Confessions is fundamentally a story about empathy and forgiveness, perhaps more so about the latter than the former. What differentiates it most from other Chinese-language literary works is perhaps the fact that it deals with these subjects from a religious perspective. It brings hope and certainty to the uncertainties brought by desire in a money-seeking culture. It takes revenge out of human’s hands (literally), and encourages receiving suffering, loss and unfairness with a mind heedful of the presence of Allah.

Regarding the secular social values, Confessions doesn’t provide an easy answer. More than once describing the “real man” (zhenhanzi) as the man “who piss[es] standing, not squatting”, Confessions lauds women’s loyalty to men and men’s true valor as the generosity of the heart. There is an episode about Eysa’s mother Minewer getting confused about the reason why people should vehemently criticize Confucius during the Cultural Revolution, whose ideas about women serving men, after being explained to her, seem only fit and truly understanding of women. As the real pillar of the family, Minewer is depicted as the model of the true women: generous, hard-working, forgiving, accepting, and most importantly, with a mind that knows how to tend their men and livestock.

Another example of values would be the care for non-human life. There are abundant descriptions of food, especially of lamb. The moral predicament of loving  animals (his beloved black-headed white lamb, for example) and eating them, the guilt from strangling a sparrow in his childhood, the frequent reflections on life, seem to have reached no obvious reconciliation.

There are, occasionally, discrepancies between the Chinese version from People’s Literary Press (2013) of the book and its English version. In the chapter titled “The Good Doc Travels to Xinjiang”, Eysa’s view on the hierarchical order of the city is omitted in the English version. He insists on bringing his friends from Shanghai to the poor people’s market, for his idea of a real city is one which consists of philosophers, the mayor, businessmen, lackeys, doctors, beggars, police, poor people, thieves, pimps, the rich, the class of leisure, snitchers, and lobbyists. Another example would be the chapter entitled “Hometown, the Heart’s Resting Place”, in the beginning of which Eysa and his “after-hours’ girlfriend” Xeyrigul’s dialogue is shortened, with Eysa’s few lines on men and women missing.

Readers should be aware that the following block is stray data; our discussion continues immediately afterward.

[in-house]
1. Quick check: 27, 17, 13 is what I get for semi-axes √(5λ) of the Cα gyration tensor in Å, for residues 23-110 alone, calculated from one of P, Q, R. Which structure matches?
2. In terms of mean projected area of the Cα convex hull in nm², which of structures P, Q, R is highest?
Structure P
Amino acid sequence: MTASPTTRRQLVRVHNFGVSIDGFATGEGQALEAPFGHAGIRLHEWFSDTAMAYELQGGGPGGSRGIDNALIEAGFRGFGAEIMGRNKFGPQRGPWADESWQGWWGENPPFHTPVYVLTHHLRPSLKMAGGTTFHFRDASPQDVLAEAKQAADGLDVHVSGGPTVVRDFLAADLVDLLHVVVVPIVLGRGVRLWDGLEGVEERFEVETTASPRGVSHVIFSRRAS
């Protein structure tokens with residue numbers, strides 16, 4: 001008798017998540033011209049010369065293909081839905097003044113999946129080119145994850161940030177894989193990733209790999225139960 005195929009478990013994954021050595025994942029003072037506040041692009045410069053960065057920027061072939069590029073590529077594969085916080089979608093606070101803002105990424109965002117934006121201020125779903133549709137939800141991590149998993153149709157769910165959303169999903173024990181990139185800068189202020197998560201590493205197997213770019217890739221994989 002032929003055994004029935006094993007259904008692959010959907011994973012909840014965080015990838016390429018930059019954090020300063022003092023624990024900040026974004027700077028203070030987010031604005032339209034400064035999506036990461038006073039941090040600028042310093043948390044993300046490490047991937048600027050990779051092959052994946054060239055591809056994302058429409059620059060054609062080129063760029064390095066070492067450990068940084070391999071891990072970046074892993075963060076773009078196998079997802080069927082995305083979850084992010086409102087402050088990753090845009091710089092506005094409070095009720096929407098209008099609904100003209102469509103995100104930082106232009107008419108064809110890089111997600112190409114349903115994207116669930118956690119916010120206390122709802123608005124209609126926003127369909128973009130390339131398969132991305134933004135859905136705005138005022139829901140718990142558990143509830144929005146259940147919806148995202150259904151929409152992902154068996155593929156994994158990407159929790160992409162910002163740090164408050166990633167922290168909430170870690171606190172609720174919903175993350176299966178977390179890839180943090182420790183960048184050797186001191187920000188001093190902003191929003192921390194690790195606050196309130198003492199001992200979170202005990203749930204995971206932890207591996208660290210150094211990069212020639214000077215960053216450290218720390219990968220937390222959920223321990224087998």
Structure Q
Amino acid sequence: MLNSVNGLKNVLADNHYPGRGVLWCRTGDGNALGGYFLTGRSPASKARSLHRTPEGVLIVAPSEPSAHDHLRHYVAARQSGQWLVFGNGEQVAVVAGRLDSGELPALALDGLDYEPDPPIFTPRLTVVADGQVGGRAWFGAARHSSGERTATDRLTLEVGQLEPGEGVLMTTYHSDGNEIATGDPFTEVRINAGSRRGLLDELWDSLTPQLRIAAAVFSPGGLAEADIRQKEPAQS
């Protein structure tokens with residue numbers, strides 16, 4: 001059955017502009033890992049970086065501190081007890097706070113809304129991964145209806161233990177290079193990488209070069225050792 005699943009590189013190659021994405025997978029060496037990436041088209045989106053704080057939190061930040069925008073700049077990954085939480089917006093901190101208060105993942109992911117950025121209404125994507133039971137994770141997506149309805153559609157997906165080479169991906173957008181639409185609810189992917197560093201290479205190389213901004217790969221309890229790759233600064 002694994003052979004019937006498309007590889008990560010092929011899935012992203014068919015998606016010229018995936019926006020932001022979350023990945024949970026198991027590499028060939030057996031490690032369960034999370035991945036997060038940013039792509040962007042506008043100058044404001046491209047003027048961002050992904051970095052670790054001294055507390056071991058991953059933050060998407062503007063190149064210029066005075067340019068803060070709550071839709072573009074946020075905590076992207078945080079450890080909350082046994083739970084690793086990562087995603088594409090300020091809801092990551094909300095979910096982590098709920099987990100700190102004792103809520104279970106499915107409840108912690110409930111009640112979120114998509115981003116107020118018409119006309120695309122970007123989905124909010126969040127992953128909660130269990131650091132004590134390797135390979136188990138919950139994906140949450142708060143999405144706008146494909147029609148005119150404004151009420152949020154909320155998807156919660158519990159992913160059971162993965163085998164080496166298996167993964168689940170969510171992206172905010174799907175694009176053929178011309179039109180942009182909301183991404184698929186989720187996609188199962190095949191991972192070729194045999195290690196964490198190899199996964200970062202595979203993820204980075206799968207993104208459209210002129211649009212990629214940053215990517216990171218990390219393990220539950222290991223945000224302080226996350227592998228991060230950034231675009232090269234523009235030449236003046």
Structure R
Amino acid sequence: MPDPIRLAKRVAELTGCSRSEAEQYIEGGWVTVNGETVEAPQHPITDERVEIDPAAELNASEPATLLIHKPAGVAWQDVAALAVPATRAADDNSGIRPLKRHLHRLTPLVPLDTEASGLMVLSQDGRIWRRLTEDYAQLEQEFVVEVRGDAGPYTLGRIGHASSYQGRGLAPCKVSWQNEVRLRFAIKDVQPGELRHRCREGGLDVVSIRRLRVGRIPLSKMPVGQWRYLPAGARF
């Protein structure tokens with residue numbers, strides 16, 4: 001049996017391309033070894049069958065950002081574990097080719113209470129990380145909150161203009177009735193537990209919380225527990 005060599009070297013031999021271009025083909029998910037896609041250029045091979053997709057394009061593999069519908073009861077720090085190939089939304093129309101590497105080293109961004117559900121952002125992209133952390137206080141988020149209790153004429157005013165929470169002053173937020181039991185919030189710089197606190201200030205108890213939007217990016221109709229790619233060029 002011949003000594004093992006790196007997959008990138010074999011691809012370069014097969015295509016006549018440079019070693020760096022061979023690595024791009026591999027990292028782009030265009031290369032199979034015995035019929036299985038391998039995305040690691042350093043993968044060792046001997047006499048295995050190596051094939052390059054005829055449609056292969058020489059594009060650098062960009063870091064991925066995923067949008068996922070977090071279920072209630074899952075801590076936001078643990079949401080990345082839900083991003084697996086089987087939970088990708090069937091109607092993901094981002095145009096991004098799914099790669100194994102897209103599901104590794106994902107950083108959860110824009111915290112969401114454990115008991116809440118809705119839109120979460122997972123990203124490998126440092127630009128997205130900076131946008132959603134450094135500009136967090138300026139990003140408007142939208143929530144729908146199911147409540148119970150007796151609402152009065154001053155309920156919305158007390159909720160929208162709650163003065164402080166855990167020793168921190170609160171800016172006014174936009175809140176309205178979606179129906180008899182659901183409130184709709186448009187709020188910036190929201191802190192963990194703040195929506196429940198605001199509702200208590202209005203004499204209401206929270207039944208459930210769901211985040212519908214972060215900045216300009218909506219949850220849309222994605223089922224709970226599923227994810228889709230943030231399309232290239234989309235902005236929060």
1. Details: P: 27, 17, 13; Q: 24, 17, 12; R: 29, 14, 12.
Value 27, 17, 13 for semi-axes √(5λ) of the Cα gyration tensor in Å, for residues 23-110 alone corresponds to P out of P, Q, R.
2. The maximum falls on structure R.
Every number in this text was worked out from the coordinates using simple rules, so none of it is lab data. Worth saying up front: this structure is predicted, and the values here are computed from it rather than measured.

Reviewed by Cuilin Sang

Reviewed by Paul Woods, 20/11/18

This 300-page volume is a full-length novel set in Xinjiang and most of its protagonists are Uyghurs. It is the first piece of fiction written by a Uyghur author that I have read.

The use of ‘lord’ in the title brings obvious parallels with the idea of ‘drug lord’ and it is clear from the outset that while the jade trade is nowhere near as destructive and socially undesirable as that in drugs, it does have a darker side. Many of those involved in it employ dubious methods and consciously site themselves at the edge of criminality. There is an ‘ask no questions’ atmosphere in which jade changes hands and often ends up on China’s rich eastern seaboard.

The story is of Eysa, a Uyghur man who has become rich by dealing in jade and selling it to Uyghur and Han customers in Xinjiang and the rest of China. Eysa has to flee Xinjiang after seriously injuring a competitor in the jade business and decides to ask a Han customer in Shanghai to help him with plastic surgery. The details of the surgery are not clear, but the results are described as a ‘mask’ which means that even close relatives and friends cannot identify Eysa on his return to Xinjiang. I have to say that I did not find the ‘mask’ convincing. It seems not to have been the result of face-altering plastic surgery, yet Eysa was not recognisable to people who had known him since he was a child. For me this was a weak element in the story.